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Counseling » Red Ribbon Week

Red Ribbon Week


We will have a variety of activities and learning opportunities for students to participate in. The Red Ribbon symbolizes the commitment to a healthy, drug free lifestyle. This celebration is building the bridge from awareness to action. We can all be bridge builders!
Look at the information below for activities that you can do at home. Really encourage your child to participate in the spirit days and make sure to talk to them each day to ask what they learned or did at school. Let this week be a spring board for meaningful conversations at home about the importance of staying drug, tobacco and alcohol free!


The week is celebrated in honor of Enrique Camarena who was a Federal drug enforcement officer and was killed by drug traffickers while being held hostage in Mexico in 1985. The National Family Partnership started the first Red Ribbon Week in 1988. The Red Ribbon symbolizes the commitment to a healthy, drug free lifestyle. Although some illicit drug use has declined, marijuana and underage tobacco and alcohol use are rising at alarming rates. Now more than ever, we must continue to wage the war on drugs. It is believed that change starts at home with oneself, and that each person that makes this commitment is making progress on the war against drugs. The Red Ribbon Celebration is building the bridge from awareness to action. We can all be bridge builders!
Kids aged 4-12 aren’t ordinarily into hard-core drinking, drugs, or smoking- though it happens. According to the White House Drug Abuse Policy Office, children feel pressure to use drugs and drink alcohol by the fourth grade. The average age for trying alcohol is age 11. The average age for starting smoking marijuana is 12. The best armor we can give our children is good selfesteem. If children feel loved and valued, if they know their own feelings and opinions matter, they won’t need to try to feel good with the use of artificial substances. They will trust their own good judgment and have the inner strength to withstand the peer pressure.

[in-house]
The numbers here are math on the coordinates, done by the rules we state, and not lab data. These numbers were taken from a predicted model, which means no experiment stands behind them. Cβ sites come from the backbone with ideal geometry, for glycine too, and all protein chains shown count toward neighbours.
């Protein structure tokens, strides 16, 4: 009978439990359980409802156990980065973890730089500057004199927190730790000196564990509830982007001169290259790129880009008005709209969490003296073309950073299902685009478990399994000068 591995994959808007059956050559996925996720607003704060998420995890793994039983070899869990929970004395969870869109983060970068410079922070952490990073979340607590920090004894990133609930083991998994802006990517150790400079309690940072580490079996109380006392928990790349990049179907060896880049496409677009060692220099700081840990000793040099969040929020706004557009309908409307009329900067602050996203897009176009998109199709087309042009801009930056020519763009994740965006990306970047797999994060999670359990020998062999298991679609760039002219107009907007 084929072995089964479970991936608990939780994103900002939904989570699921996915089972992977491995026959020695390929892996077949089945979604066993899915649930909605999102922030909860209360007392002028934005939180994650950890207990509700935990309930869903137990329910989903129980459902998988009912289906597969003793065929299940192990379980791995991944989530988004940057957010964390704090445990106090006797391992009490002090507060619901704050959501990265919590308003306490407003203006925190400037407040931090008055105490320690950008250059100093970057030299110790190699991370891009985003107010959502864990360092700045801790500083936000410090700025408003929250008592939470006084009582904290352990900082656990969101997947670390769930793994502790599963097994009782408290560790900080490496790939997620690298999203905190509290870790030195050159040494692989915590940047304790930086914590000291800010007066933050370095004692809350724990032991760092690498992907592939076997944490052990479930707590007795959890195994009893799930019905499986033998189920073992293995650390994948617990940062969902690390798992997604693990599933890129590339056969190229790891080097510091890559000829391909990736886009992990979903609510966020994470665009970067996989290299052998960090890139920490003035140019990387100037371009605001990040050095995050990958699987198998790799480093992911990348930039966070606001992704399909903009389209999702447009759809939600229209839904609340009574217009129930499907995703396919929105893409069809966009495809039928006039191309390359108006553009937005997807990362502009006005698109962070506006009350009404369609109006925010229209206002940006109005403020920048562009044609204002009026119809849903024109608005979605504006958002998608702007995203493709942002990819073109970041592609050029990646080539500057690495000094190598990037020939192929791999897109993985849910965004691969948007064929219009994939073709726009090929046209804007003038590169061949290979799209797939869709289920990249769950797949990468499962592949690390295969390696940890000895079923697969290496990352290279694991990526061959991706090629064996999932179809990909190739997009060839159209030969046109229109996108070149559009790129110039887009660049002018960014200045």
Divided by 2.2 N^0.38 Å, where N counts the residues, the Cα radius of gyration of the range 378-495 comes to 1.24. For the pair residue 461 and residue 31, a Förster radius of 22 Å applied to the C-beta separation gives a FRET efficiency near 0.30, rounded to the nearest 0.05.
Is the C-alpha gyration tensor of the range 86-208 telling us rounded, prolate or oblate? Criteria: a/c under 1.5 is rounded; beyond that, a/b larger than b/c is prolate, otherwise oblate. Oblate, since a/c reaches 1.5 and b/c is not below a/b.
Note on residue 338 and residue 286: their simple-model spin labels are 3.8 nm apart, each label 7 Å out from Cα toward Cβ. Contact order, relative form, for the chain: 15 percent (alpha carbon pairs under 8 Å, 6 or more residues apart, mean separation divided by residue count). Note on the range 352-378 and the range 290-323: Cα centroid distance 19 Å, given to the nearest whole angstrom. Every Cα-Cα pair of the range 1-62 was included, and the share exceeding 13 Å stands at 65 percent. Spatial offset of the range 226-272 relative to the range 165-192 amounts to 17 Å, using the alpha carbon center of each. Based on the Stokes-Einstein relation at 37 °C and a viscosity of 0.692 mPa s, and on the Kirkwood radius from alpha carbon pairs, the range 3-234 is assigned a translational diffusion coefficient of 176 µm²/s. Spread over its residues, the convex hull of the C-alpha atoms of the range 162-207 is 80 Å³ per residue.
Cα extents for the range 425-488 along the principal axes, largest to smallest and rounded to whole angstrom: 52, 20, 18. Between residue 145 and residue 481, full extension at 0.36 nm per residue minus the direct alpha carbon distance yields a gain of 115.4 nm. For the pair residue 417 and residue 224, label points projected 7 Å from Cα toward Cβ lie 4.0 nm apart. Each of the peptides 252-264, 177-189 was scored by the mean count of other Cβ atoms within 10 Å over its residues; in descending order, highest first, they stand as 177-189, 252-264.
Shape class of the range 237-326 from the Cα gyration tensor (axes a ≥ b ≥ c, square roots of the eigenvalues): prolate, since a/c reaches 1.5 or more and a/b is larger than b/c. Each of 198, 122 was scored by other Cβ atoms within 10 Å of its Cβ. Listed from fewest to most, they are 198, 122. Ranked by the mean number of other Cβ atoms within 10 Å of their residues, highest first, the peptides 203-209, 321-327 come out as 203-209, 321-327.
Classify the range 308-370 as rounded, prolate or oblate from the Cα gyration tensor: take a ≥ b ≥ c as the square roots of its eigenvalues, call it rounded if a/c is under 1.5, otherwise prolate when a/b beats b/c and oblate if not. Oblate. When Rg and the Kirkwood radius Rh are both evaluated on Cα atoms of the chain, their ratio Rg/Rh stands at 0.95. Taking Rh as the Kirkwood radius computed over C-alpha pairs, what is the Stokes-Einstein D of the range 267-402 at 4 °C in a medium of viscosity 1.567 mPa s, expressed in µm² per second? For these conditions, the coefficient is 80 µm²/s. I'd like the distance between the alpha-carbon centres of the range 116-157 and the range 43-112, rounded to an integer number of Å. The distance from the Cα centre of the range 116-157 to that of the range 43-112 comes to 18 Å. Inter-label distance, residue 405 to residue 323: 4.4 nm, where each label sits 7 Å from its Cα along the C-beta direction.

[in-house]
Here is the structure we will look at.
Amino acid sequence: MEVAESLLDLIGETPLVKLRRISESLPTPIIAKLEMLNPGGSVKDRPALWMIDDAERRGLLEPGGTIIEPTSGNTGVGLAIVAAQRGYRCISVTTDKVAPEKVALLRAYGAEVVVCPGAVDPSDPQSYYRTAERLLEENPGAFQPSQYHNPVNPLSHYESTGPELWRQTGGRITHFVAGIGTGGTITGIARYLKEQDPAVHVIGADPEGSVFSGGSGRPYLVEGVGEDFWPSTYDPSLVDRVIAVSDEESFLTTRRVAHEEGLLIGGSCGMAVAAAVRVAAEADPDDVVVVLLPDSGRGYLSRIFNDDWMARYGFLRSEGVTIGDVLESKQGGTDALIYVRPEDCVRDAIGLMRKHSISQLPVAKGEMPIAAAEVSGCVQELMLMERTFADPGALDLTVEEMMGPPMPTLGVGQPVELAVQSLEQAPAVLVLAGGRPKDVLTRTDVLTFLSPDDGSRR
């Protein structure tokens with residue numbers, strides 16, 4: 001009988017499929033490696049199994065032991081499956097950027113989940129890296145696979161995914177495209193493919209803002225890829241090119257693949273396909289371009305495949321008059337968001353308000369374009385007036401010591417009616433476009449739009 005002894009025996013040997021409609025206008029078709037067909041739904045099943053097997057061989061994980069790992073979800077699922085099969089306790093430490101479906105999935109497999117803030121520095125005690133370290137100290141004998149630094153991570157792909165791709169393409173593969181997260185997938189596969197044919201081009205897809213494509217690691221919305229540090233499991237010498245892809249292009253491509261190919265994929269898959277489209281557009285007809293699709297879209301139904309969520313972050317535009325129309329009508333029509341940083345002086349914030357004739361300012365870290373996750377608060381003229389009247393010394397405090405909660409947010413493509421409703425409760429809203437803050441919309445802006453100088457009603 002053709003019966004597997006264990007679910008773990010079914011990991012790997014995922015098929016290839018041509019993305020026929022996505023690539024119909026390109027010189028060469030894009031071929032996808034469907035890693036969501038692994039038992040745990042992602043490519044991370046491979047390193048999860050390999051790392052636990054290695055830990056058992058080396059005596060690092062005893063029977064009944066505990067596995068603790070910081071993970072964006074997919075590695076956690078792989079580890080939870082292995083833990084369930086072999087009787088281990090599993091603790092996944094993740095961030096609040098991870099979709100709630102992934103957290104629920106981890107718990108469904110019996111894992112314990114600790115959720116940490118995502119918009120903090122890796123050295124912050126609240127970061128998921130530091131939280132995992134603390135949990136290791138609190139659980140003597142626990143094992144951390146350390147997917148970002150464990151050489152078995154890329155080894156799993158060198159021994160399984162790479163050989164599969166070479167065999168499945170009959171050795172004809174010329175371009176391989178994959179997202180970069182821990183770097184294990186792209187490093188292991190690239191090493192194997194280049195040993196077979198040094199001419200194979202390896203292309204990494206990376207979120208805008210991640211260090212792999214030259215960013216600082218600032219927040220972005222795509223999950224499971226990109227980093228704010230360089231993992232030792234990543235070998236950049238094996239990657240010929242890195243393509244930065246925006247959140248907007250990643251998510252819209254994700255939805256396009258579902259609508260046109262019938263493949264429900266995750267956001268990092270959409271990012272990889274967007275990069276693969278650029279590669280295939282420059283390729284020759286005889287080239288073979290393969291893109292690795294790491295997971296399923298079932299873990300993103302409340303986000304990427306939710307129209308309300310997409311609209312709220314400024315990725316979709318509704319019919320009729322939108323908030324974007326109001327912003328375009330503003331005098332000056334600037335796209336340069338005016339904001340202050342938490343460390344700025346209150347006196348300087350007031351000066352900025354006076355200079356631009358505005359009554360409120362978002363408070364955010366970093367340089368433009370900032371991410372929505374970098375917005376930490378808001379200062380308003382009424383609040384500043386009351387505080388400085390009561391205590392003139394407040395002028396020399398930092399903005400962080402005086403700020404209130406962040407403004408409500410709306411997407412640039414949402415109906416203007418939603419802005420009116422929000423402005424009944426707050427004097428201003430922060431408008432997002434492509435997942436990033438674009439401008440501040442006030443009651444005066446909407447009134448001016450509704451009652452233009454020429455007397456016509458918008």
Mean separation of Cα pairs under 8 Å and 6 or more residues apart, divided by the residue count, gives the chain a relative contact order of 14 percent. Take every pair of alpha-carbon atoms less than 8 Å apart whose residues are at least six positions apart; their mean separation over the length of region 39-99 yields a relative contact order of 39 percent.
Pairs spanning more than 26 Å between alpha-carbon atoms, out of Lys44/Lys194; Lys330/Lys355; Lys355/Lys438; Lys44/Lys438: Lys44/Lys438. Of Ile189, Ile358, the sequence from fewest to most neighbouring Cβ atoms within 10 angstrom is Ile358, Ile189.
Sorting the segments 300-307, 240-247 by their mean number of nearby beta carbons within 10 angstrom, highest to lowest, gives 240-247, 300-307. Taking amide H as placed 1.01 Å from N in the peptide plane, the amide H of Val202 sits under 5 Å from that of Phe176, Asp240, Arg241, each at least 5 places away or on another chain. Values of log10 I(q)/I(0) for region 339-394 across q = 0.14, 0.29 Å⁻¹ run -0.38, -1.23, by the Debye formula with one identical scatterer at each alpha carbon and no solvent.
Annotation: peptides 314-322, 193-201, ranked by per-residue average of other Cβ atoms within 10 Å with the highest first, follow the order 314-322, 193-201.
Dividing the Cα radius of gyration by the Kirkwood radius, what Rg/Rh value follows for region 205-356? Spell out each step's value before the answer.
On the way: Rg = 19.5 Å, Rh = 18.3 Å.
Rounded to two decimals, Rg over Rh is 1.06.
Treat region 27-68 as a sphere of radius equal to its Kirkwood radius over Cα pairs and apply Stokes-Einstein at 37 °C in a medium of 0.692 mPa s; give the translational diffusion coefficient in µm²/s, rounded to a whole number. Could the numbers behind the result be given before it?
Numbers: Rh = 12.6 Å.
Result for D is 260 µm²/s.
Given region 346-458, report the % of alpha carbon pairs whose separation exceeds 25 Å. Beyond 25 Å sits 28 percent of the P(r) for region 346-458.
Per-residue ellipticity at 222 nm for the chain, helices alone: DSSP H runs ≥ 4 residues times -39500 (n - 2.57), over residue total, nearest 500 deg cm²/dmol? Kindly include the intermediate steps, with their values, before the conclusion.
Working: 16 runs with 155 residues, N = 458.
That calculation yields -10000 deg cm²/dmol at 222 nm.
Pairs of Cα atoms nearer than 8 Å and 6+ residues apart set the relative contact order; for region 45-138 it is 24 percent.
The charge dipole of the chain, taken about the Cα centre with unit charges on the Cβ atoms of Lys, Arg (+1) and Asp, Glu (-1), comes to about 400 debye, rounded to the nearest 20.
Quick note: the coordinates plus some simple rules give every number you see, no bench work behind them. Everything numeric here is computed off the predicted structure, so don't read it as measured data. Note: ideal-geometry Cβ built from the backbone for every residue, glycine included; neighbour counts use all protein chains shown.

Choices: This is a very important idea for children. Making choices provides a child the opportunity to make decisions that will yield certain consequences. Help children start to practice and realize what their choices are and what the possible consequences might be. When the situation is appropriate allow them to make choices at home, i.e. what clothes to wear, what they would like for dinner, which book they would like to read, etc. Children feel empowered when they are able to make choices. This will allow them the experience and confidence to make more challenging choices when you are not right there.
Peer Pressure: Peer pressure can best be described as a friend trying to persuade other friends to participate in certain act. This can be very subtle and/or silent at times. Children want to feel that they belong and are part of a group, so often they feel that it is necessary to participate in activities to be accepted. Our job is to teach children that their self worth is determined by how they as individuals see themselves, not by what others think of them.


  • Ask your child to pay attention to some of the choices they make during the day. Ask what the situation was, what they chose to do, what the consequences were, what else they could have done and what the consequences might have been for the other choices. Use hypothetical situations to role-play possible situations of peer pressure to help them build their confidence and a few “pat” answers to say in uncomfortable situations.